Krypton isn’t just the former home of Superman. It’s a chemical element — Kr on the periodic table — that’s a odorless and colorless gas. Because of its spectral lines, it can be used to create stunning works of photography, such as Eric Franklin’s Embodiment, a life-size human skeletal structure lit up the noble gas.
The Portland-based artist constructs hollow anatomical structures lit up with ionized krypton, which glows similarly to neon. Embodiment, which took more than 1,000 hours of work over two years, is built from 10 separate units from borosilicate glass tubing. This is Colossal got in touch with Franklin who talks about building the piece:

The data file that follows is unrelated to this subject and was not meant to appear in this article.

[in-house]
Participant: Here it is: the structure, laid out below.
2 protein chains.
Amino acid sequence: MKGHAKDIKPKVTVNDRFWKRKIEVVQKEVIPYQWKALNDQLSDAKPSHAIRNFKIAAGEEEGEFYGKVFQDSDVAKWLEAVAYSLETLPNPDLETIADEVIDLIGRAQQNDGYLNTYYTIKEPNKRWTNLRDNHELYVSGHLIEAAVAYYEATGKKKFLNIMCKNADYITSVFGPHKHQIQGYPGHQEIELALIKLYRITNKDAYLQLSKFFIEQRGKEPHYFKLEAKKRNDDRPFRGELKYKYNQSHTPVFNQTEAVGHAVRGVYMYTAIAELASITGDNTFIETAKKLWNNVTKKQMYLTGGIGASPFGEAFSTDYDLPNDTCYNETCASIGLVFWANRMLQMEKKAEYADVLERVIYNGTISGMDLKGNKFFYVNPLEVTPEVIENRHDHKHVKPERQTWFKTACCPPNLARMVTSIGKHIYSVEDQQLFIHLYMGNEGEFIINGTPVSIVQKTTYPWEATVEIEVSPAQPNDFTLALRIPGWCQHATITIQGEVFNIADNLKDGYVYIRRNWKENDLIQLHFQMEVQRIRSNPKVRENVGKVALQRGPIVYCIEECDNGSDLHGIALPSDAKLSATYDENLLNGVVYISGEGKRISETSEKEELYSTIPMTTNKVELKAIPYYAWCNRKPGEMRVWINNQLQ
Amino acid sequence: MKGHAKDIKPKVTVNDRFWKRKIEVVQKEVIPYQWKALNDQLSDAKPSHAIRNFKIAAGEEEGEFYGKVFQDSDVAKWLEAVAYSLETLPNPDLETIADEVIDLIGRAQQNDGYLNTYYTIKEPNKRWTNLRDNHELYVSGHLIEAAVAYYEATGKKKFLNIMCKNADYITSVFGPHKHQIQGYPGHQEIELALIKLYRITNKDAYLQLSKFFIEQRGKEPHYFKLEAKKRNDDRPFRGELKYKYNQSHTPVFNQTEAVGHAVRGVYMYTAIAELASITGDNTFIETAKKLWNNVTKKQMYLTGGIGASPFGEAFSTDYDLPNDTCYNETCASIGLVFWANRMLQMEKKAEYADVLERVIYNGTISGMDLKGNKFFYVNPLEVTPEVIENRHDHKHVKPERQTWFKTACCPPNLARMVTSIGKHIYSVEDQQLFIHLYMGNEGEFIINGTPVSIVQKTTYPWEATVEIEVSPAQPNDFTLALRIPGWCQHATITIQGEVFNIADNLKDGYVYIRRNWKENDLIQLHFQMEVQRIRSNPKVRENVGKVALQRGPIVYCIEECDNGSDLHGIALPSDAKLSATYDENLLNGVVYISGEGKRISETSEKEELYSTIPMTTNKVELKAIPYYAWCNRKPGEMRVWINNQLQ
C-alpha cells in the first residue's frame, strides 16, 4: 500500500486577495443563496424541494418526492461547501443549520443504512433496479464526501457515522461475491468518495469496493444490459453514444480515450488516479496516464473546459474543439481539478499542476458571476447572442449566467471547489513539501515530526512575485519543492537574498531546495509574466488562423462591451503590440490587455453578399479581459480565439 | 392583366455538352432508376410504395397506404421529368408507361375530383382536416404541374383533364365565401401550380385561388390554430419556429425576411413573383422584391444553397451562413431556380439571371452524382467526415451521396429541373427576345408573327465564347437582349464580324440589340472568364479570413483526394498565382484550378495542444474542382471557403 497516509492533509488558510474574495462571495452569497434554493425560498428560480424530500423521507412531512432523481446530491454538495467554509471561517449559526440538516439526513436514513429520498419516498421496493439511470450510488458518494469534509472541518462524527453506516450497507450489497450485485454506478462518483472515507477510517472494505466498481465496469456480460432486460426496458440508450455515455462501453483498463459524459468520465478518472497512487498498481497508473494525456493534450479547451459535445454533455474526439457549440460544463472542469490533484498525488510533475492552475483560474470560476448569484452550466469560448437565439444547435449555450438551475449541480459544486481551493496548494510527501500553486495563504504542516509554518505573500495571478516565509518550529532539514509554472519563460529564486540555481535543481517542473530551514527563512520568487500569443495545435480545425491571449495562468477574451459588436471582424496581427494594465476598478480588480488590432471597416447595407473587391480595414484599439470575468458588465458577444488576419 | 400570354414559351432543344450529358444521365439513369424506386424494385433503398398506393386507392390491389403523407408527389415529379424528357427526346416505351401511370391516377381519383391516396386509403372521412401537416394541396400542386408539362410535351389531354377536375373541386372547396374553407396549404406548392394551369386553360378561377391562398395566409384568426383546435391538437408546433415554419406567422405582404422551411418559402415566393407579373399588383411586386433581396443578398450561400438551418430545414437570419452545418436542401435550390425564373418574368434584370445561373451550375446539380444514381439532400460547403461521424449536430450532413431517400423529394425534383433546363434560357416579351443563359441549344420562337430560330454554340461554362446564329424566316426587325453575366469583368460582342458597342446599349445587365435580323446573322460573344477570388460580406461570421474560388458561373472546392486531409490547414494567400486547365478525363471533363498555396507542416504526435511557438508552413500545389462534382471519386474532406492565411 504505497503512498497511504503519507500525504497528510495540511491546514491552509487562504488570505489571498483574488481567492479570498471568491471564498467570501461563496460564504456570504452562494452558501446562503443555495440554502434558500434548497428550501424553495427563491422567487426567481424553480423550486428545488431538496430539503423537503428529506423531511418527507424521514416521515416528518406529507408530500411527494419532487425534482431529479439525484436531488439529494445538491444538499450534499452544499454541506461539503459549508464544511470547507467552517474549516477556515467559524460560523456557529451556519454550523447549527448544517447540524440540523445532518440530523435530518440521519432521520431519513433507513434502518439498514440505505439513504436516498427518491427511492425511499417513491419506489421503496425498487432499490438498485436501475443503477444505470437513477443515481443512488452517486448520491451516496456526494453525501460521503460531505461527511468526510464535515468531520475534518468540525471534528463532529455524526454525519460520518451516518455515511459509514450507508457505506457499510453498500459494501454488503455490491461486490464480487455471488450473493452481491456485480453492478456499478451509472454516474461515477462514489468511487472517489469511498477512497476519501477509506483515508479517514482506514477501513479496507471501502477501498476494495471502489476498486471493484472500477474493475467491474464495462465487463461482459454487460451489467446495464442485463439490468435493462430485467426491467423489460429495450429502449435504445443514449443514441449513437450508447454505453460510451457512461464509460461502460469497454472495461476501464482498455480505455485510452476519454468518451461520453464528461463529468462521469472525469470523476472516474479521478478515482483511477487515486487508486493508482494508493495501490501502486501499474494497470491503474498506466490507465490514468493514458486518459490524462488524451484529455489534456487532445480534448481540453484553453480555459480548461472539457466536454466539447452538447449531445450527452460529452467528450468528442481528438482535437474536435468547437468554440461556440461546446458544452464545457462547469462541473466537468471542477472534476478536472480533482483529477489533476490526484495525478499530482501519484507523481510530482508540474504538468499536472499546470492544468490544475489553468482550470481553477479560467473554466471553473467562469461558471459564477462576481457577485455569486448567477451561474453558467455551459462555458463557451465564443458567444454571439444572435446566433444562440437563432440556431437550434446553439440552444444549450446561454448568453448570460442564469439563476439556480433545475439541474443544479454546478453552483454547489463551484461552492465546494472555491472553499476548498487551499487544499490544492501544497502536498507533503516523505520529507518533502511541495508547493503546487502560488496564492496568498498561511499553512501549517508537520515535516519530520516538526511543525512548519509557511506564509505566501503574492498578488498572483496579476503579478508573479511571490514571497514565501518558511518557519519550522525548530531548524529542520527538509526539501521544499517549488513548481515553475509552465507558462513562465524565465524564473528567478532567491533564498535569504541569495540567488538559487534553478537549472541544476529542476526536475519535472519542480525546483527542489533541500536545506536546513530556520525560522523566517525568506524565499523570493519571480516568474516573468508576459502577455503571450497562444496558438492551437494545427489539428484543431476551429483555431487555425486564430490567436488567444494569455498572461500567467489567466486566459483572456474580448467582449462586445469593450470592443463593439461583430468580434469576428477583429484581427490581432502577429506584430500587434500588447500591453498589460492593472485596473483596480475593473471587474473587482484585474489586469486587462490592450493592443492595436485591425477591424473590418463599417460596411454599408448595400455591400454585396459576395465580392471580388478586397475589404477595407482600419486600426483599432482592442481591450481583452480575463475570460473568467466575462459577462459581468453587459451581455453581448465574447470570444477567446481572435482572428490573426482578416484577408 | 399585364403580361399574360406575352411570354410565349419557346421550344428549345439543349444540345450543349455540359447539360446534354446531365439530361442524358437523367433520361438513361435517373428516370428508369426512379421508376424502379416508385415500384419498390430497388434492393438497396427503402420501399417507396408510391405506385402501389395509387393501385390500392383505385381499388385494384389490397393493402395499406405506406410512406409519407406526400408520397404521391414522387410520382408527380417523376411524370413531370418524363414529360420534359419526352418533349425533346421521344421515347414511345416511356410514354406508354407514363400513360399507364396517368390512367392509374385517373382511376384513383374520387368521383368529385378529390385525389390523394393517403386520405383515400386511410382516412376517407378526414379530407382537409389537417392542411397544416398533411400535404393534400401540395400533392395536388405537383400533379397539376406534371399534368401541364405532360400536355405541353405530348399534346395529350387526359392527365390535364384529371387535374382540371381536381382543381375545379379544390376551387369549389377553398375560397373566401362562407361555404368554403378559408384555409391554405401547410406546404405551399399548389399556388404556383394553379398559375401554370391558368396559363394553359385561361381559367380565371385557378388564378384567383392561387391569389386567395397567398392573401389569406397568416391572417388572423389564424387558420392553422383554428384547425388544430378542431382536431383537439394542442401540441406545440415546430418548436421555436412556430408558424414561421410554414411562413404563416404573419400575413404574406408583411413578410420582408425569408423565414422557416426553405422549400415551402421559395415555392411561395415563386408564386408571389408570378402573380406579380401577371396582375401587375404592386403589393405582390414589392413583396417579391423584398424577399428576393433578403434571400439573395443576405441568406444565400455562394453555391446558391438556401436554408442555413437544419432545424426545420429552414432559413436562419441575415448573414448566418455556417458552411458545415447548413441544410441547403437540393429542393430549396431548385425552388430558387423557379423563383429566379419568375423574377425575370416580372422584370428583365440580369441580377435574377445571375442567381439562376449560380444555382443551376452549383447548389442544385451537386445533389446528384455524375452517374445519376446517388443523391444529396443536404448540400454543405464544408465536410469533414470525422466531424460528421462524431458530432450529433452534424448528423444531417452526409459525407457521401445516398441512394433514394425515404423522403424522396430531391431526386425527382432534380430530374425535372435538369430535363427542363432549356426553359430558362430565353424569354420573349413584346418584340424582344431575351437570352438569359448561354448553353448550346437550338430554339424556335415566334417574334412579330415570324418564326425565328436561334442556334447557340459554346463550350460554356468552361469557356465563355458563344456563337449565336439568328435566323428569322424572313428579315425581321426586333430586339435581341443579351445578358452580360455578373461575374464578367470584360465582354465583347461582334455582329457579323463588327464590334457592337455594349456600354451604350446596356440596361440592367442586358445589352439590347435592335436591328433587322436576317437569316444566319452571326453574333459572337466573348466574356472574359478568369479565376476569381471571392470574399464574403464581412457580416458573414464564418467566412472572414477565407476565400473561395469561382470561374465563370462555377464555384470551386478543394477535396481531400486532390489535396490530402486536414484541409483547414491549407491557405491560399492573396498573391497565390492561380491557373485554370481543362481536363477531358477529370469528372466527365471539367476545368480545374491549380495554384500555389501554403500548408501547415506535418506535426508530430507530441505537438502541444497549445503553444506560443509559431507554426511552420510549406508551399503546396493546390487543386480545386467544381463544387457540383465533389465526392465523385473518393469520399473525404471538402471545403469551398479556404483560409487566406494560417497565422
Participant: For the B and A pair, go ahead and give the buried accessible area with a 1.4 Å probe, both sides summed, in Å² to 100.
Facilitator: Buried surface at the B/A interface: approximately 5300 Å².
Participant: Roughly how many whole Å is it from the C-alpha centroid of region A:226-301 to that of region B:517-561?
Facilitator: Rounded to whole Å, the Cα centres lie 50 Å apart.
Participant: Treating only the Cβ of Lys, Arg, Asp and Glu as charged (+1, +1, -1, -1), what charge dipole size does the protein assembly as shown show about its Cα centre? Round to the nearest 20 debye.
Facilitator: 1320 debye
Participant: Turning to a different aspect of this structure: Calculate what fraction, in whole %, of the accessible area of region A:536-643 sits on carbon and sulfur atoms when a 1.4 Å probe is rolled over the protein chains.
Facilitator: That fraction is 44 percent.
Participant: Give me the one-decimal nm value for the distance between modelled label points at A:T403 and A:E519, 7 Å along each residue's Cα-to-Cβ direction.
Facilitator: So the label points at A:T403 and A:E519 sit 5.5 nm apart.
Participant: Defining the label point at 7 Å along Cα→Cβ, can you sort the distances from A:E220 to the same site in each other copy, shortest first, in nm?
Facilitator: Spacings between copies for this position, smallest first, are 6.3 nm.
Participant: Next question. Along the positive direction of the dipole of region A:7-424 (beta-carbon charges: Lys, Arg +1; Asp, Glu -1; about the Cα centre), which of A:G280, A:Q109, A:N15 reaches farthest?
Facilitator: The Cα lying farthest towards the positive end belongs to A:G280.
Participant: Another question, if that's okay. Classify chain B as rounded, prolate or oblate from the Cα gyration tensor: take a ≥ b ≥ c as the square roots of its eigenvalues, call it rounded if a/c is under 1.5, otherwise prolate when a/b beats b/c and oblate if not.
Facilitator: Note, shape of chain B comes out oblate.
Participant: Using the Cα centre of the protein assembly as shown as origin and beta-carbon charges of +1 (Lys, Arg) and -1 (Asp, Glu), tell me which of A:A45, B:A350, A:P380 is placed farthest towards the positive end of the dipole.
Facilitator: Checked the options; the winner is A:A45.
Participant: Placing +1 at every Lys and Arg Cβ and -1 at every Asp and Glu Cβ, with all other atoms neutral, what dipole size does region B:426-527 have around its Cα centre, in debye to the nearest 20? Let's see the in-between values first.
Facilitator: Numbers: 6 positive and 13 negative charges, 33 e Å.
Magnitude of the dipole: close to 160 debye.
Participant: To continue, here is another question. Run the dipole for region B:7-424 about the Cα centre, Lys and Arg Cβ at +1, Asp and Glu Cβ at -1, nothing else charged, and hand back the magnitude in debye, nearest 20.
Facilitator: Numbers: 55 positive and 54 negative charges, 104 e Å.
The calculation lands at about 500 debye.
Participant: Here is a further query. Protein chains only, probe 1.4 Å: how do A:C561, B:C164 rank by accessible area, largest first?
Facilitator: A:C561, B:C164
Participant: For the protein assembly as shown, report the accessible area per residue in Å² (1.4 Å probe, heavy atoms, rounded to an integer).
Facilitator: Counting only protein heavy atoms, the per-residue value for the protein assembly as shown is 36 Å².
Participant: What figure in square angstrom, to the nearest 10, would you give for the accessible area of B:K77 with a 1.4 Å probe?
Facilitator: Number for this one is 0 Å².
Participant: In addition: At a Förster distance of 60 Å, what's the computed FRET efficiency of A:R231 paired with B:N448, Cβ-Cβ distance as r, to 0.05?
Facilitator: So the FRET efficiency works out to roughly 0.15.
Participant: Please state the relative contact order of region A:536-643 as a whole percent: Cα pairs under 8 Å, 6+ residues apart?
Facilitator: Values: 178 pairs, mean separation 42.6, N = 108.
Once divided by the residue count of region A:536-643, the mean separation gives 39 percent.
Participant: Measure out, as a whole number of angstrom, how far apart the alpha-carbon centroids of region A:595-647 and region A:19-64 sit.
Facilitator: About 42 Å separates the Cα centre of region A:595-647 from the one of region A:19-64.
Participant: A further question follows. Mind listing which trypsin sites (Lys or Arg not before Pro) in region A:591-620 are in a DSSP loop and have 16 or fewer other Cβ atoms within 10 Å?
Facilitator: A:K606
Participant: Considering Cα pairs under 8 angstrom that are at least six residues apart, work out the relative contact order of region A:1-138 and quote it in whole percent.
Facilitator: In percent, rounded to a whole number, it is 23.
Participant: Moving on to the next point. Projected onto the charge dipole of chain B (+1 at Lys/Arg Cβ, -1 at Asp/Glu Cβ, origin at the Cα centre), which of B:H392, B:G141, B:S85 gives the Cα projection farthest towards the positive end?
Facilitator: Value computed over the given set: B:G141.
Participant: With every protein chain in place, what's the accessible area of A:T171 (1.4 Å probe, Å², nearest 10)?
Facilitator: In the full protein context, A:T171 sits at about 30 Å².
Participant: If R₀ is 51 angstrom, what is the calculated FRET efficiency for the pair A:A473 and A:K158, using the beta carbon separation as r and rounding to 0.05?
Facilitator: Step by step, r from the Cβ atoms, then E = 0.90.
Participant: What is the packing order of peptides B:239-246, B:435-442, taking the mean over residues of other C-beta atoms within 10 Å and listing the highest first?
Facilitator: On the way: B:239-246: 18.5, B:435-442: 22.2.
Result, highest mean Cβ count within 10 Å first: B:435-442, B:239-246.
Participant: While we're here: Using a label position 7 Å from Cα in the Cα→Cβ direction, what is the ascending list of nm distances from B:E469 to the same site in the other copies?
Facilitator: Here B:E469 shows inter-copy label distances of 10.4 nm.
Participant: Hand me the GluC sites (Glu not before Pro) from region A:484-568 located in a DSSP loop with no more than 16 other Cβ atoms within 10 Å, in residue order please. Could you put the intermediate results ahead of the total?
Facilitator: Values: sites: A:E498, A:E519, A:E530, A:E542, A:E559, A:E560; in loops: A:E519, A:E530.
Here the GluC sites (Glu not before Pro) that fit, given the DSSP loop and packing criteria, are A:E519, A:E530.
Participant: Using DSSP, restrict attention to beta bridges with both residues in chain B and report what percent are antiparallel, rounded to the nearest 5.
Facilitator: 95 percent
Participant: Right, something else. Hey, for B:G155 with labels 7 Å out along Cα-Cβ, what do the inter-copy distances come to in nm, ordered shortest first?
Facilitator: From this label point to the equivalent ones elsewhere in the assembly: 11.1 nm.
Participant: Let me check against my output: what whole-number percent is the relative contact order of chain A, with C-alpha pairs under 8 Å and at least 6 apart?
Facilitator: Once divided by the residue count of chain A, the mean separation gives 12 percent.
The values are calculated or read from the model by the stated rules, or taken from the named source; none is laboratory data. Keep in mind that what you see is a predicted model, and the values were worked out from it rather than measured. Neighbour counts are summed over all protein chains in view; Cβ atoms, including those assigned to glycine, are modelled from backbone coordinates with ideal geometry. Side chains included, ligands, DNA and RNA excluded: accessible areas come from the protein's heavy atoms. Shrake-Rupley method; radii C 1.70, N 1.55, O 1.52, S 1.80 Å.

Every glass seal has to be perfect, and this piece contains hundreds. Everywhere one tube joins another, or a tube terminates, glass tubes were sealed together. They have to be perfect in order to preserve the luminosity of the krypton. If one rogue molecule gets inside the void of the glass tubing it can eventually contaminate the gas and it will no longer glow. There are times when the holes in the seals are so small that you cannot actually see them with your eyes without the help of a leak detector. Once the glass pieces are ready to get filled with gas, I pull a high vacuum while the glass is hot in order to evacuate any dust or water vapor from the interior surface until there are literally no molecules inside the void of the glass. Then the krypton can be introduced and the glass sealed off. It’s an extremely tedious process, one I have somewhat of a love/hate relationship with.